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CBI urges loosened travel restrictions amid ‘last chance saloon’ for summer

·3-min read

Business leaders have called on the Government to open up travel at a faster rate, as the holiday flights industry faces a “last chance saloon” for the summer season.

The Confederation of British Industry (CBI) has called for a “new settlement” to help the travel industry and the UK economy more broadly “live with Covid”, which would mean fewer people flying into the UK would need to isolate on arrival.

John Foster, CBI policy director, said: “The international travel sector is in the last chance saloon for its the summer season. Restrictions must be relaxed if beleaguered businesses are to salvage any opportunity to trade their way towards recovery this year.

“The UK’s successful vaccine rollout, coupled with lessons learned throughout the pandemic, offer genuine opportunity for more travel to resume safely. The UK urgently needs to widen the list of those able to avoid self-isolation on their return to include individuals who have received UK-approved vaccines, rather than just those who received NHS vaccines.

Coronavirus graphic
(PA Graphics)

“Rebuilding passenger confidence will be key. Establishing simple, consistent rules and communicating them clearly is essential.

“The decision to abandon publication of an amber watchlist is a sensible step towards that goal, but the Government must get back to consulting industry first, thus creating better policy and enabling improved implementation.

“In addition to lifting restrictions, Government should prioritise the creation of an efficient pre-travel system of assessing passengers’ Covid-status to prevent congestion at airports.”

A report released by the CBI proposing a “new settlement for living with the virus” calls for “using mass-testing to stop mass self-isolation”, sometimes called test and release, to allow passengers to take a test when they arrive in the UK to avoid quarantine.

The CBI also called for better use of “Covid-secure tools”, including hygiene and ventilation, a “workable” Covid passport scheme for large venues, and mandatory mask rules for close contact situations, which would help industries across the board.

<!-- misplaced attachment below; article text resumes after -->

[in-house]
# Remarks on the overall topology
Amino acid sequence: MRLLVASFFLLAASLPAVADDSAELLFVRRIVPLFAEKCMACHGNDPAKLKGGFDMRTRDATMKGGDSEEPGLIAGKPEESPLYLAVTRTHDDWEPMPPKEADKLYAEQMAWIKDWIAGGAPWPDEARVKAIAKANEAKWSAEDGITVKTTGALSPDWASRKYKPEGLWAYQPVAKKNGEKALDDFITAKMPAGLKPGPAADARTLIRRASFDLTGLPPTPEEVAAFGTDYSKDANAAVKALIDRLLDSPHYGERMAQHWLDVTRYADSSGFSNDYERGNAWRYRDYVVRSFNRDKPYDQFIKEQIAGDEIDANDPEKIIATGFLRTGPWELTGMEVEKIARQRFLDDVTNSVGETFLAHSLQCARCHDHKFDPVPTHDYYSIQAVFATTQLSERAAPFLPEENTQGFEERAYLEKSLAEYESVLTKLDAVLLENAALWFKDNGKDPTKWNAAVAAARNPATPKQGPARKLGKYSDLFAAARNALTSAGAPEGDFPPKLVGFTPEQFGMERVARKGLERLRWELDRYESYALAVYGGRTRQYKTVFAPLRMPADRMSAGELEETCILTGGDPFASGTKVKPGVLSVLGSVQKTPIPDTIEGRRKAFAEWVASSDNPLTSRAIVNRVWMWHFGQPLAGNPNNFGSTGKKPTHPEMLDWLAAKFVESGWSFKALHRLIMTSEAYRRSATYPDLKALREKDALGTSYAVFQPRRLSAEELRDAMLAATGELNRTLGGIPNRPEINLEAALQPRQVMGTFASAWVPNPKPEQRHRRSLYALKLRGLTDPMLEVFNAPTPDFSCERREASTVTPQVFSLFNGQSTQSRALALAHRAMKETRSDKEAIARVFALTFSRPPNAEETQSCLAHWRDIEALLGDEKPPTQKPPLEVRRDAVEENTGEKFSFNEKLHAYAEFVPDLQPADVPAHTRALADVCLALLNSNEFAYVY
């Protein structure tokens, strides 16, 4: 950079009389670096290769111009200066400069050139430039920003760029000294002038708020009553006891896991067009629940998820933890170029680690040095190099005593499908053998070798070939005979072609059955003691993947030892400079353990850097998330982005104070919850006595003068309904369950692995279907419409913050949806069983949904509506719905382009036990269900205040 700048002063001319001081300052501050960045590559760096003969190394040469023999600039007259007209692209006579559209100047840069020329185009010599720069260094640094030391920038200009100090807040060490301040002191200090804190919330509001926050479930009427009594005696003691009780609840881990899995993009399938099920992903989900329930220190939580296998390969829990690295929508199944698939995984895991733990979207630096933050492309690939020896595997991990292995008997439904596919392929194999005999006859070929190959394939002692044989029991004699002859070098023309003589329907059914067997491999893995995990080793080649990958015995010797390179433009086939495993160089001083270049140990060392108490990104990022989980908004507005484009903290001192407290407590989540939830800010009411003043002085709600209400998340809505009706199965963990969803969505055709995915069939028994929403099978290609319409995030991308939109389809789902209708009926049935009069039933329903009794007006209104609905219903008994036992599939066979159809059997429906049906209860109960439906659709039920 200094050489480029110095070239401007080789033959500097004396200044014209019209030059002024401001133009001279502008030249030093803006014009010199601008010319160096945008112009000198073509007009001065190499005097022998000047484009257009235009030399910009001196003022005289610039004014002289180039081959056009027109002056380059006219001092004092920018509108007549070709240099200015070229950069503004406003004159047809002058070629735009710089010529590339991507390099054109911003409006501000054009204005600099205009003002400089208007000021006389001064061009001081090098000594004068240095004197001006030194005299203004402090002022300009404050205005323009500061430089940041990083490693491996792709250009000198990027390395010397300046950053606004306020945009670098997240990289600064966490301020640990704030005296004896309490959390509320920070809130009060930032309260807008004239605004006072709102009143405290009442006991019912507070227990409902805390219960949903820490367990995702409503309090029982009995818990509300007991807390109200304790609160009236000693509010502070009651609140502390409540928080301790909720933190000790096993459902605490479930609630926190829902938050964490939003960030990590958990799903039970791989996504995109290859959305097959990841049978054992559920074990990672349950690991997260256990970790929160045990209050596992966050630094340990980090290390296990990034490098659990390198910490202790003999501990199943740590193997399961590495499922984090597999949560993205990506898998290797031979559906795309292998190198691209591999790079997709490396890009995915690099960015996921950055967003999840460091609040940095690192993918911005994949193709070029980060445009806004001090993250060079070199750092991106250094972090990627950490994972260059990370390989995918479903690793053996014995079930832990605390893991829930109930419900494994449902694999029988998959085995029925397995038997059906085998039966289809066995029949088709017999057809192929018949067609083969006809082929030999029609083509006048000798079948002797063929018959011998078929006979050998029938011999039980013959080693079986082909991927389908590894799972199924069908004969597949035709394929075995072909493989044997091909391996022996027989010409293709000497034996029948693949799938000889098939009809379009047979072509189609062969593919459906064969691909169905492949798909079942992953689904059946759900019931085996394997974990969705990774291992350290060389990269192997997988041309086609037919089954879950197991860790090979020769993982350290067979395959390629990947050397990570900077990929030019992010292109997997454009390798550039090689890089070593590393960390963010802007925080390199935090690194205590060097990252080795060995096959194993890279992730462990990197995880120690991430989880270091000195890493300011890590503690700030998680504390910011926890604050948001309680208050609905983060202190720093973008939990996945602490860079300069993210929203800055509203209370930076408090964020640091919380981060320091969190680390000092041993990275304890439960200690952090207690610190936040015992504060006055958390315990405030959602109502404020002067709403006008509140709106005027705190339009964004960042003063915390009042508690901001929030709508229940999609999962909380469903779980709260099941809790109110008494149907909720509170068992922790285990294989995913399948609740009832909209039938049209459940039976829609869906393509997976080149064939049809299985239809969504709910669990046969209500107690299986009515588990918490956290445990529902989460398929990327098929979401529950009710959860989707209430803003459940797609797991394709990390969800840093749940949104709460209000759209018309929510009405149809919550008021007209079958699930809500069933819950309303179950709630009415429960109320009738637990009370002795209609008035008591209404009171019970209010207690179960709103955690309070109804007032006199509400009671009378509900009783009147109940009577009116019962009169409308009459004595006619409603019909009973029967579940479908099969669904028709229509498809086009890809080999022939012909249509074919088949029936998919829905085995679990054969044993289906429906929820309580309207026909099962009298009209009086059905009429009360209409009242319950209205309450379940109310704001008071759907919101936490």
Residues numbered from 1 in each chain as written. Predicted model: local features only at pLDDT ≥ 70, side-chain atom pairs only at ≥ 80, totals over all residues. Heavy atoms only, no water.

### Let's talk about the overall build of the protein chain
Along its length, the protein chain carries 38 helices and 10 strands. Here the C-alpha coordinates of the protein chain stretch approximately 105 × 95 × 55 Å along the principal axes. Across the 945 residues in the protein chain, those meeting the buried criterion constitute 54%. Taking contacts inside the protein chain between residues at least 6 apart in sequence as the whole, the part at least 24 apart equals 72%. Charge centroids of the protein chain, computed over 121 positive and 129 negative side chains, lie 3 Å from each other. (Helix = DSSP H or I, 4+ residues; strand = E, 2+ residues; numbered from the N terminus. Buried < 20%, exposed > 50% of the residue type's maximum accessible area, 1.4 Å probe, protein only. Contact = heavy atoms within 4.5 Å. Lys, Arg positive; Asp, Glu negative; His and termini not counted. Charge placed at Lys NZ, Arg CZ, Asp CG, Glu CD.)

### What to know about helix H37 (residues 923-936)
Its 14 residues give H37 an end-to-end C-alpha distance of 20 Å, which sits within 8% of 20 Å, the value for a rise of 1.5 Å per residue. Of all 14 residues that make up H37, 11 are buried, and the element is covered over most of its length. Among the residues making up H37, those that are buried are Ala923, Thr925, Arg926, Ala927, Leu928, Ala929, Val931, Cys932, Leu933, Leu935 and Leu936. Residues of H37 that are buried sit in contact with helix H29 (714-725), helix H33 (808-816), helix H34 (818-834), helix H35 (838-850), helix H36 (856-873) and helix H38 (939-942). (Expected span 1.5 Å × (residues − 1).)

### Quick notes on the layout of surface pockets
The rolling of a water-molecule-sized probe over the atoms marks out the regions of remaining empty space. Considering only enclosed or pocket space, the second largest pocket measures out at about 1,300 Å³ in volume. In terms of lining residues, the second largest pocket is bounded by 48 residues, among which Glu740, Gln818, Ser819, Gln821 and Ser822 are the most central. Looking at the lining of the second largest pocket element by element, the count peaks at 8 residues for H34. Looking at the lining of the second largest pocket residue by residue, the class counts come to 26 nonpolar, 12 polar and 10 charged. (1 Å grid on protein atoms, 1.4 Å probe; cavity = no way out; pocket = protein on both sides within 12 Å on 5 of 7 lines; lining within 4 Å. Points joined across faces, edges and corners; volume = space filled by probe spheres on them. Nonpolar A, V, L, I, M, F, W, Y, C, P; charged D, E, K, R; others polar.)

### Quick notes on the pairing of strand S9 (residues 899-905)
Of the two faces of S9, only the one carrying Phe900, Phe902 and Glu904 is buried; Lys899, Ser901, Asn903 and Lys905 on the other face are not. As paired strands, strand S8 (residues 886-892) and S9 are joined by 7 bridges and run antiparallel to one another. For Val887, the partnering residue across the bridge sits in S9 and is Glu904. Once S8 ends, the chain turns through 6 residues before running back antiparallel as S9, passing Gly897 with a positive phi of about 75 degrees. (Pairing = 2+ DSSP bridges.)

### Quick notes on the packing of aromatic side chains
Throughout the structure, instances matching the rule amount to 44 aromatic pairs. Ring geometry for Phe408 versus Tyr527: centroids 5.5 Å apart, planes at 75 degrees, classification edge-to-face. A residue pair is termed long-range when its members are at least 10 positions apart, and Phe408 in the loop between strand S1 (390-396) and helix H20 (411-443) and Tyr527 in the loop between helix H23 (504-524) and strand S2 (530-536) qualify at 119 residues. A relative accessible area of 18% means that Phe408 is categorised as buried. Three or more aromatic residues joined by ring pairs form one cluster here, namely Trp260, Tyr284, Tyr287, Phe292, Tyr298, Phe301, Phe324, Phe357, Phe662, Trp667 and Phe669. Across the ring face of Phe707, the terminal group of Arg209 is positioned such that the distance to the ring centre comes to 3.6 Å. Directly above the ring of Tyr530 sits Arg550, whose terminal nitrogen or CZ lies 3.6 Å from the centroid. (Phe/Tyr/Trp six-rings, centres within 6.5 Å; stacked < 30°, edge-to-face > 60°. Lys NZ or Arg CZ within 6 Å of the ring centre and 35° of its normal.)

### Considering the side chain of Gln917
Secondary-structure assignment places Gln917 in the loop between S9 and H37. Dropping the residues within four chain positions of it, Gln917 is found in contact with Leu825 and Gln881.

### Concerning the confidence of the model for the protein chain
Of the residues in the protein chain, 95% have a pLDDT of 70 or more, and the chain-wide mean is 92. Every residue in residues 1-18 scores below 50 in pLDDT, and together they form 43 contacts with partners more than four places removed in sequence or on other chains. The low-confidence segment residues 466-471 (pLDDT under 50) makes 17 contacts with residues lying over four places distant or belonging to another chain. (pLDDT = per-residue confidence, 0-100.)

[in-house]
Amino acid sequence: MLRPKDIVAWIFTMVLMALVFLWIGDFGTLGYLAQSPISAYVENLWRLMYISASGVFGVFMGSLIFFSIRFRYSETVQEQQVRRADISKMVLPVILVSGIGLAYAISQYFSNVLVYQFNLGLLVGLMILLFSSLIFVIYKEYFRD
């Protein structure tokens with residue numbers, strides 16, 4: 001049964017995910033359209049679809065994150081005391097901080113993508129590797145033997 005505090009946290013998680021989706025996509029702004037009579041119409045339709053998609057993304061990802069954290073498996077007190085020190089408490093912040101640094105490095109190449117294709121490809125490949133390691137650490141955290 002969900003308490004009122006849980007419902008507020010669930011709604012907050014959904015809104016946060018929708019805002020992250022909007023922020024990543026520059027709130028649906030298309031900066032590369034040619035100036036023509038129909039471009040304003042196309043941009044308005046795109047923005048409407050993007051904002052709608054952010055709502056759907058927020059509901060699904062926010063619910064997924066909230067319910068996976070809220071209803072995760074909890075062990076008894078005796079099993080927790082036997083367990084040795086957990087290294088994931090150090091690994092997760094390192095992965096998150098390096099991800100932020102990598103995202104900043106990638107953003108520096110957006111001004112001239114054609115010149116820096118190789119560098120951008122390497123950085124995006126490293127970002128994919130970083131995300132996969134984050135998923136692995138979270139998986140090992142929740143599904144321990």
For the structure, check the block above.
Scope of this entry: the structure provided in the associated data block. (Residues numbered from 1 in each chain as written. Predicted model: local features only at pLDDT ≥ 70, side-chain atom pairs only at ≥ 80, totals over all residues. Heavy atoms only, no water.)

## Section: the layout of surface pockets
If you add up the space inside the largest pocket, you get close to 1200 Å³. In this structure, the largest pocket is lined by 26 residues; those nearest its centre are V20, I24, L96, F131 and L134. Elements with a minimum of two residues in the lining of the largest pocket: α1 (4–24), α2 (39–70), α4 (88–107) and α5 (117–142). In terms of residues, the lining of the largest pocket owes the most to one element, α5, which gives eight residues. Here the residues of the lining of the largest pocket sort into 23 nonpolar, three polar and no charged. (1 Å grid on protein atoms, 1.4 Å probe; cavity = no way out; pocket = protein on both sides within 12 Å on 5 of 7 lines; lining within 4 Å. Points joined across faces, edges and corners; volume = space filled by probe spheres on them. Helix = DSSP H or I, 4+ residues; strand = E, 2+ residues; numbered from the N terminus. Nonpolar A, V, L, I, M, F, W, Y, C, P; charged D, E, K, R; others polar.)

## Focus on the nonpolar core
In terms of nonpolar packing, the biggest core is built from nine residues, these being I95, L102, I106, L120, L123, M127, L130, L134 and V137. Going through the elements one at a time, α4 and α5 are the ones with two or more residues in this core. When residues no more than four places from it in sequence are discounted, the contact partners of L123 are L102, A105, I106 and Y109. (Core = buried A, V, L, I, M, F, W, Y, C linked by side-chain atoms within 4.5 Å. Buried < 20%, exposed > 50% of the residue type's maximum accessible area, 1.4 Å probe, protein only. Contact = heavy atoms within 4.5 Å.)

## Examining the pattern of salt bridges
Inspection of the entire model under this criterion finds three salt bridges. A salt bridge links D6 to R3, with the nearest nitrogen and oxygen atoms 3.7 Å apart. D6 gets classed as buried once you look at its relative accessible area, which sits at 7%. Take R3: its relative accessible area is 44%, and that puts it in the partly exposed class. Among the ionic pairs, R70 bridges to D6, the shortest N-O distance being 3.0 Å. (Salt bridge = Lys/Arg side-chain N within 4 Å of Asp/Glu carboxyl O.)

It also said the Government should “widen the list of those able to avoid self-isolation on their return to individuals who have received UK-approved vaccines, rather than just those who received NHS vaccine”, as this would help to “build confidence” in international travel.

The CBI wants to see the Government “maximising” the UK’s “world leading vaccine programme” by encouraging groups where uptake is low to get a jab, and also working with businesses to organise an autumn booster jab programme.

A DfT spokesperson said: “We recognise this is a challenging period for the sector, as we seek to balance the timely reopening of international travel while safeguarding public health and protecting the vaccine rollout.

“We are regularly reviewing our international travel policy, based on a range of factors and the latest scientific data available and we have provided £7 billion to help support the industry during the pandemic.”

New rules allowing fully-vaccinated passengers from the US and amber-list European countries to avoid self-isolation on arrival in the UK came into force on Monday.

Coronavirus graphic
(PA Graphics)

The relaxation of rules allows passengers who have been double-jabbed with a vaccine approved by regulators in the US, the EU or Switzerland to avoid 10 days in self-isolation.

They will be required to take a pre-departure test and a PCR test on or before the second day after they arrive in England.

Ahead of their introduction, Foreign Secretary Dominic Raab described the plans as a “smart, sensible” approach and insisted they were a “modest opening up” of restrictions.

Ministers had considered creating a new “amber watchlist” earlier this week for countries where the rate of infections were rising and could soon be placed on the red list.

Spain and Italy could have been among the countries placed on this watchlist, but the move was reportedly scrapped after division within the Cabinet.

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